I After the liquid has been replenished and the depth thereof ascertained the filling opening should again be closed and kept closed until it becomes necessary to again replenish the liquid.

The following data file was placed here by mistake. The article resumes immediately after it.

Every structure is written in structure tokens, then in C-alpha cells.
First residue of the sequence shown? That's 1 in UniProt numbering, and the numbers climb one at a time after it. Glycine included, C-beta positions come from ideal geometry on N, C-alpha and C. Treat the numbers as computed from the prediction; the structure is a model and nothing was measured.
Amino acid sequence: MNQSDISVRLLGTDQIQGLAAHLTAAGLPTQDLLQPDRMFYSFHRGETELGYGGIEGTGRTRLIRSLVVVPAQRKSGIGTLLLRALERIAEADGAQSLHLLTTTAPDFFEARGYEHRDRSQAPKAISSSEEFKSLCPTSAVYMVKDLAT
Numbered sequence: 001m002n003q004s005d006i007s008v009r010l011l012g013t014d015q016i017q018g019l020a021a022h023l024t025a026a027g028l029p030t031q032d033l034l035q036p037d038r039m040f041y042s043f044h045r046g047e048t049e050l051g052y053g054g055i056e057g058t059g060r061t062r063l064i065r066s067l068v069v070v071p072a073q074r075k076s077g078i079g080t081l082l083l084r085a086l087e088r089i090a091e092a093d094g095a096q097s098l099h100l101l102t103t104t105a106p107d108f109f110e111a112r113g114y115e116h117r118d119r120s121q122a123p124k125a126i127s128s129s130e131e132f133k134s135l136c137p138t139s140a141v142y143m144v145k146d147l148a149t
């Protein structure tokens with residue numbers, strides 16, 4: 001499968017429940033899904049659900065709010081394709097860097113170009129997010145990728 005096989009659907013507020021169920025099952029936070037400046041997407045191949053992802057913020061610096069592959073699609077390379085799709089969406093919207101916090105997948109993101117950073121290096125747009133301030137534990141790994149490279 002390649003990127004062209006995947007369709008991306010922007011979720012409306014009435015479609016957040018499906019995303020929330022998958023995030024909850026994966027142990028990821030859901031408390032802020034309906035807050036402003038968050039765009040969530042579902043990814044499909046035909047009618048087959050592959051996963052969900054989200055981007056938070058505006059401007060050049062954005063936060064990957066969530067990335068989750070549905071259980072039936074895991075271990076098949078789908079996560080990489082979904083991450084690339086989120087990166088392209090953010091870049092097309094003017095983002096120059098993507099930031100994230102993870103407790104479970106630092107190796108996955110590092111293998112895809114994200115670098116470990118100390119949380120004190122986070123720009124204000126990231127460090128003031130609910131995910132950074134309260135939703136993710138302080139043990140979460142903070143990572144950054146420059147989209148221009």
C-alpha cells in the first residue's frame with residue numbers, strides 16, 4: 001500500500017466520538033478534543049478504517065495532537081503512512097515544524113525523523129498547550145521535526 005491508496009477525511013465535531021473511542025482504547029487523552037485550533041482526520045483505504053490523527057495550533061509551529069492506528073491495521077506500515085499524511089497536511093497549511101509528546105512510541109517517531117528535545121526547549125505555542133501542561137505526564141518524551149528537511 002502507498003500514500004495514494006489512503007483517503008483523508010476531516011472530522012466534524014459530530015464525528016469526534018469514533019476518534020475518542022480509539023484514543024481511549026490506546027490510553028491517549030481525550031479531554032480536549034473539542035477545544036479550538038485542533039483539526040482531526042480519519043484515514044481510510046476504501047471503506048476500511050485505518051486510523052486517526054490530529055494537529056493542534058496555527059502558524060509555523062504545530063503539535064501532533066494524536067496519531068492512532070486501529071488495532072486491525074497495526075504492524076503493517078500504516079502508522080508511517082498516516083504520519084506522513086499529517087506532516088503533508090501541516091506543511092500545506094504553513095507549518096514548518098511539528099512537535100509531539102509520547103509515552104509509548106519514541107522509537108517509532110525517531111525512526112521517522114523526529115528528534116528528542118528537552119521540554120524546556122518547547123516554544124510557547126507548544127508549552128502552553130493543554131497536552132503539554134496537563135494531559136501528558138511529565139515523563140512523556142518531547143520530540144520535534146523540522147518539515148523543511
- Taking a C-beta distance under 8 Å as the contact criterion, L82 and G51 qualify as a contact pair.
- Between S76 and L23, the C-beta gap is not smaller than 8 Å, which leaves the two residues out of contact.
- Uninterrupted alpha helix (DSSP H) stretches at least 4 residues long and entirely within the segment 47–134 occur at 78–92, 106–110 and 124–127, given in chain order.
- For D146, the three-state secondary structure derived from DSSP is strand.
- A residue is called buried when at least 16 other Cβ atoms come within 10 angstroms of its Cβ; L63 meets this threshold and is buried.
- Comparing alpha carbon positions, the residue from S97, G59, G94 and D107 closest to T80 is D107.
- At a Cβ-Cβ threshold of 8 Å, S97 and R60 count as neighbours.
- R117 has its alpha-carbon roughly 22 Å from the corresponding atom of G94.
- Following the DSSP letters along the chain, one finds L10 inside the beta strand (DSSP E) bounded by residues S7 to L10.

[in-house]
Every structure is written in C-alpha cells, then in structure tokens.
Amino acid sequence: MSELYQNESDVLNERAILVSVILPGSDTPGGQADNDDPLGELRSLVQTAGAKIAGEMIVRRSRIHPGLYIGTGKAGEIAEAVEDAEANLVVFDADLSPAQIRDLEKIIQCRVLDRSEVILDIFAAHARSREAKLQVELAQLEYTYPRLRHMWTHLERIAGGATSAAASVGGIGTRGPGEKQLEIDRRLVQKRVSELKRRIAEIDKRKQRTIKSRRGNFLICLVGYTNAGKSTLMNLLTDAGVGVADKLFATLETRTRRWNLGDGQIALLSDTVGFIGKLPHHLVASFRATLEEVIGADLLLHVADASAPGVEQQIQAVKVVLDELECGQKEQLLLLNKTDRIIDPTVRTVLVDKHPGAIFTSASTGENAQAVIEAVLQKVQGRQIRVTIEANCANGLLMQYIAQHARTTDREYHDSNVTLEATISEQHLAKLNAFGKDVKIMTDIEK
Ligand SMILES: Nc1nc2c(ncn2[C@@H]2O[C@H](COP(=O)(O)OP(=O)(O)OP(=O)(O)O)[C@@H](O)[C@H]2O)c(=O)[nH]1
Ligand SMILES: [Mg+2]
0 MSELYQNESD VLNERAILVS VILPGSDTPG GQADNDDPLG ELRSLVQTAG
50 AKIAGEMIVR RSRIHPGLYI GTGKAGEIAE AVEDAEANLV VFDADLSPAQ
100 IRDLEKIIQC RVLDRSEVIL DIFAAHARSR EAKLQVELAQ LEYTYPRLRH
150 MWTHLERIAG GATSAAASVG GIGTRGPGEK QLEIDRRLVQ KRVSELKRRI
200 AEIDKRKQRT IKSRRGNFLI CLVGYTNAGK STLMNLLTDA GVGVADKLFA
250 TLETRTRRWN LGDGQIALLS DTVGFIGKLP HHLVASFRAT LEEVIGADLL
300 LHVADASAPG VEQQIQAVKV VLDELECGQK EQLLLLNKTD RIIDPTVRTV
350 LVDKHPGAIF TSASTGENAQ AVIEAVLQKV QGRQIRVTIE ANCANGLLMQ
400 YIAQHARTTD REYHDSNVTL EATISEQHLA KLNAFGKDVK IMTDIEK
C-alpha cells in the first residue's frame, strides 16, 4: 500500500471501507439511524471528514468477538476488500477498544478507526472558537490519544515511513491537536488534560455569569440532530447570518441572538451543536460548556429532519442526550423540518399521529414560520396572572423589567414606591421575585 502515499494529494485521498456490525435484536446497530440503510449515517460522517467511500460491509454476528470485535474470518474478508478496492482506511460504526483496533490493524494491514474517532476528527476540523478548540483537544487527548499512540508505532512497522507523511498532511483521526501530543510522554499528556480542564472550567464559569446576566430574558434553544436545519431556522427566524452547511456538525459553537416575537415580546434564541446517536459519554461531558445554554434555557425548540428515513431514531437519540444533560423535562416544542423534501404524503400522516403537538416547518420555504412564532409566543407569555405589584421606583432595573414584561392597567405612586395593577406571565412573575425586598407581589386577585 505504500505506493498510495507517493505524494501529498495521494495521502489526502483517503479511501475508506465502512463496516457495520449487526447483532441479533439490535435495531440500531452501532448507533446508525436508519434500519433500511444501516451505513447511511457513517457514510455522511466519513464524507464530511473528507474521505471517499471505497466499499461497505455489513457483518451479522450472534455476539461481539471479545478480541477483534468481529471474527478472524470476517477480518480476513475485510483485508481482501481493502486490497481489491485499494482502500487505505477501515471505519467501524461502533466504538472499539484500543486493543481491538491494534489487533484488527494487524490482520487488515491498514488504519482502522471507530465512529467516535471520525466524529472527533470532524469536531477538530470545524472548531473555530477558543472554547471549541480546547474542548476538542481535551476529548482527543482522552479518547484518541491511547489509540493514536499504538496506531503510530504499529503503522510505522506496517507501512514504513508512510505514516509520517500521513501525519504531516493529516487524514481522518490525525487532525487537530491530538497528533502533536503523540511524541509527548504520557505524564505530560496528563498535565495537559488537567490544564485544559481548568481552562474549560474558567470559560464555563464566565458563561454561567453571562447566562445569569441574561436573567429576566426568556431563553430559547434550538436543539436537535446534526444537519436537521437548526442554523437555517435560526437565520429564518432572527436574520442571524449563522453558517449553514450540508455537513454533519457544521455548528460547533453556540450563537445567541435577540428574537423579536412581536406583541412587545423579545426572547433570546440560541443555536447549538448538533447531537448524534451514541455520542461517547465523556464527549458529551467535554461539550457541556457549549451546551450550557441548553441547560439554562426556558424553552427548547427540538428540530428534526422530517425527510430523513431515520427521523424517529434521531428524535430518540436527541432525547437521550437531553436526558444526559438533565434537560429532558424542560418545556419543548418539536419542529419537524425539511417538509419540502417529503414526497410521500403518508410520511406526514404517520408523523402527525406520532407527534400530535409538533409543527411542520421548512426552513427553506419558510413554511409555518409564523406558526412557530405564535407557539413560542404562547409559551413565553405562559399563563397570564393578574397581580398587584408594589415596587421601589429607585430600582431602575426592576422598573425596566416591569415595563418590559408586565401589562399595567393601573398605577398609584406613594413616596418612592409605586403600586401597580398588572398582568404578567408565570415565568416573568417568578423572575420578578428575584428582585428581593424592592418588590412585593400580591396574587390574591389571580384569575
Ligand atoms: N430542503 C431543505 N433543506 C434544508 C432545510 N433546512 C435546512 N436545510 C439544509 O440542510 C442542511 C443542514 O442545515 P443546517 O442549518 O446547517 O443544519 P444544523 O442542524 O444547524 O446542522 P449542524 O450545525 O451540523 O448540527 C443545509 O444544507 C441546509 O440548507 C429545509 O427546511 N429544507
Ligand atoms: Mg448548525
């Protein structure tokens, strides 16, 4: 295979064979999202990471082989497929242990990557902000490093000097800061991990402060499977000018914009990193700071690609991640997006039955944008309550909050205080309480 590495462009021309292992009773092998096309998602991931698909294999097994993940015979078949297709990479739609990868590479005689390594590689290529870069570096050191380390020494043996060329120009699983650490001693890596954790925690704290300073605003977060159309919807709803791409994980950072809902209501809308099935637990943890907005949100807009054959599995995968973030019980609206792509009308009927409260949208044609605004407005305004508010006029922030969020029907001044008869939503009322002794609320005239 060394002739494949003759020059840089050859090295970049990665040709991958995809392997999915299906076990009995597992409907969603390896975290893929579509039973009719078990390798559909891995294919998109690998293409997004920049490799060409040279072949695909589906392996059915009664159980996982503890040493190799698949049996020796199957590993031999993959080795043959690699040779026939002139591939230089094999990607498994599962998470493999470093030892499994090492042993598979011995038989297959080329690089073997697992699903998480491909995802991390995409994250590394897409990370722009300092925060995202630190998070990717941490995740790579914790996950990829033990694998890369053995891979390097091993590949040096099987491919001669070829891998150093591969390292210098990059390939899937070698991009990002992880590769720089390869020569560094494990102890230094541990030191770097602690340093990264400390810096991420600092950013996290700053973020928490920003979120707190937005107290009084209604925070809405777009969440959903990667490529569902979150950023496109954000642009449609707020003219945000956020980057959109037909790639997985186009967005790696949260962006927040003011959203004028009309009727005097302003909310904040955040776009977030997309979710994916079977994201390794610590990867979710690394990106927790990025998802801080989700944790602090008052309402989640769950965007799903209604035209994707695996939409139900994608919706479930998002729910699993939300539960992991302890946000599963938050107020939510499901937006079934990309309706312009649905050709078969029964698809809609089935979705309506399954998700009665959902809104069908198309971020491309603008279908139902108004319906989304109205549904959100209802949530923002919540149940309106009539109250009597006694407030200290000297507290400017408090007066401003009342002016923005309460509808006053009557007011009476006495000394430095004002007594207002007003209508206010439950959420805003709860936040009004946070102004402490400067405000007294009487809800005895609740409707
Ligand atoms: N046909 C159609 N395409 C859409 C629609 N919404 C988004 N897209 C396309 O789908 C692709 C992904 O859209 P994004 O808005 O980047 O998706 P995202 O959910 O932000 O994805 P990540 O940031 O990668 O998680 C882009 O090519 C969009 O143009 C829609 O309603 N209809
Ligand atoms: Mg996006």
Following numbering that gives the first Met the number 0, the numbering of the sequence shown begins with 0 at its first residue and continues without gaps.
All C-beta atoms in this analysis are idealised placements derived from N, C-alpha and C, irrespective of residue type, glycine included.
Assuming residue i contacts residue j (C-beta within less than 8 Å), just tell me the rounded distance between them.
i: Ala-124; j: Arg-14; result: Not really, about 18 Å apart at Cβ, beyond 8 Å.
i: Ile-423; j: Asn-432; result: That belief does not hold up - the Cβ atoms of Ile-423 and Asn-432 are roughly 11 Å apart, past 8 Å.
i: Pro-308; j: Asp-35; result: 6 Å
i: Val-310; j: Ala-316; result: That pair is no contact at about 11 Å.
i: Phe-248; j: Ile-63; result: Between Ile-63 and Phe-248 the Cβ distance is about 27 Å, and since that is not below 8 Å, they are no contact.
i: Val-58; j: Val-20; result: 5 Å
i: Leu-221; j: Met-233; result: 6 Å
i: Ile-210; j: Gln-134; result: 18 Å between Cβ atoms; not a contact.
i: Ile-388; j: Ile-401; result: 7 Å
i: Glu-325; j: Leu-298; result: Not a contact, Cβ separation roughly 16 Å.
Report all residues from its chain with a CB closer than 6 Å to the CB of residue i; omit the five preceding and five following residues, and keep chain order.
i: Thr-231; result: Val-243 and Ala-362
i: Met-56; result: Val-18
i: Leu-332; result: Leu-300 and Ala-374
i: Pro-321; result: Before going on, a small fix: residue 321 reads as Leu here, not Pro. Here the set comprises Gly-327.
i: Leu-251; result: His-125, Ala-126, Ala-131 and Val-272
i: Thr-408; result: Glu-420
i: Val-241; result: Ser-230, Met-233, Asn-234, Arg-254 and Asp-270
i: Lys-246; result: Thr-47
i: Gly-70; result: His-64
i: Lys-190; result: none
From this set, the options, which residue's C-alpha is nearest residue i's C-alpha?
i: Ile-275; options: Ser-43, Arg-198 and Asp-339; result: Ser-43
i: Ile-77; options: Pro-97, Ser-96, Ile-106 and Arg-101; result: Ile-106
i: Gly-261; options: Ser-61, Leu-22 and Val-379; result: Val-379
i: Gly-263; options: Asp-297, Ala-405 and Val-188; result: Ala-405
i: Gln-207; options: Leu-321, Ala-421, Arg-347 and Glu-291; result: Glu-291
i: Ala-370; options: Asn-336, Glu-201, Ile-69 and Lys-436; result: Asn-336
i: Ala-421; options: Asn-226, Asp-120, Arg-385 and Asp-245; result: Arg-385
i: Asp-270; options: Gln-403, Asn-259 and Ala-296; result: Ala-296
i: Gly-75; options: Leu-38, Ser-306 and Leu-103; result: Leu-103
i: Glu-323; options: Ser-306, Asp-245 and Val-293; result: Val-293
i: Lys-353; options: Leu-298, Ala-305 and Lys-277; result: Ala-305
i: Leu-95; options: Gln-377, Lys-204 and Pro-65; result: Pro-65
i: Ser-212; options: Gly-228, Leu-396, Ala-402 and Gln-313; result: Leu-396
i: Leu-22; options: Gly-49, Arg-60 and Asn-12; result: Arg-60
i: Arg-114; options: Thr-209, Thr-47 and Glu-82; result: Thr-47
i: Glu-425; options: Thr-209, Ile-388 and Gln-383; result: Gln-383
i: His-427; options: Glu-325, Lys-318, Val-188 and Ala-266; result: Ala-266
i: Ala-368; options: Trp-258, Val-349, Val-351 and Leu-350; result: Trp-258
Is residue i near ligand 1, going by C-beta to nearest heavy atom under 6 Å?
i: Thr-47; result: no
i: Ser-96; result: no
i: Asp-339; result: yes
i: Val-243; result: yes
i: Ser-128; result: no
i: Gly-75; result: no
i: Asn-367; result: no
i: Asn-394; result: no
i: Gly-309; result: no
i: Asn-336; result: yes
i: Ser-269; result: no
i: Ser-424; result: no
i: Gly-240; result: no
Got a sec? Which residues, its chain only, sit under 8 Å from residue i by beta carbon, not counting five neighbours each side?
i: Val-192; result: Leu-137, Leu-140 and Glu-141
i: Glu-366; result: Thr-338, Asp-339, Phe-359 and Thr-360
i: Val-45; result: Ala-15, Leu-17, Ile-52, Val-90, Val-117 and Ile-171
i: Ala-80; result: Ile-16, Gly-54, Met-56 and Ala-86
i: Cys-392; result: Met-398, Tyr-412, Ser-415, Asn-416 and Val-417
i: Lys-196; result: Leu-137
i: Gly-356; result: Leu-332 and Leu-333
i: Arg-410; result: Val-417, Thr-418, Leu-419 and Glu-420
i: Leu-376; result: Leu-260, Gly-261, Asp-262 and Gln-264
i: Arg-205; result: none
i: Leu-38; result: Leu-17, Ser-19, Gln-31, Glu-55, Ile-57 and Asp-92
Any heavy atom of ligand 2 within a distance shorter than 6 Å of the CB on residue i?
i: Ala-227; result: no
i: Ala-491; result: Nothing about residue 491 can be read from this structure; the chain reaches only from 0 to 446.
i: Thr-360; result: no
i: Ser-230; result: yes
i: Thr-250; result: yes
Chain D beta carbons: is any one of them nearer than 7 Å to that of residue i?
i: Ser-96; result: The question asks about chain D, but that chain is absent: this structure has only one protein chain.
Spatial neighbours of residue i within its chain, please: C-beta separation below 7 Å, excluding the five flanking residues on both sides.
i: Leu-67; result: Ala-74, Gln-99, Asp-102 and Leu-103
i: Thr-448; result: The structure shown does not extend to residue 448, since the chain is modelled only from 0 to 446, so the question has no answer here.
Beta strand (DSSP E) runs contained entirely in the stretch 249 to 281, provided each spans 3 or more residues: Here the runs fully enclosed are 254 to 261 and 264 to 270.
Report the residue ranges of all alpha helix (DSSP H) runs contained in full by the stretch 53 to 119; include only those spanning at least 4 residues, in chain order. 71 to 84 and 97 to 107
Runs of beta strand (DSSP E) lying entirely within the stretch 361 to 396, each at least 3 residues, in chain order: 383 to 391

The first part of the process is completed when no more of the liquid will be absorbed by the wood andthe depth of the liquid remains stationary. The time required for thus completing the first part of the process depends upon the kind of wood, and the size and thickness of the timbers under treatment and requires usually any where from three to sixteen days.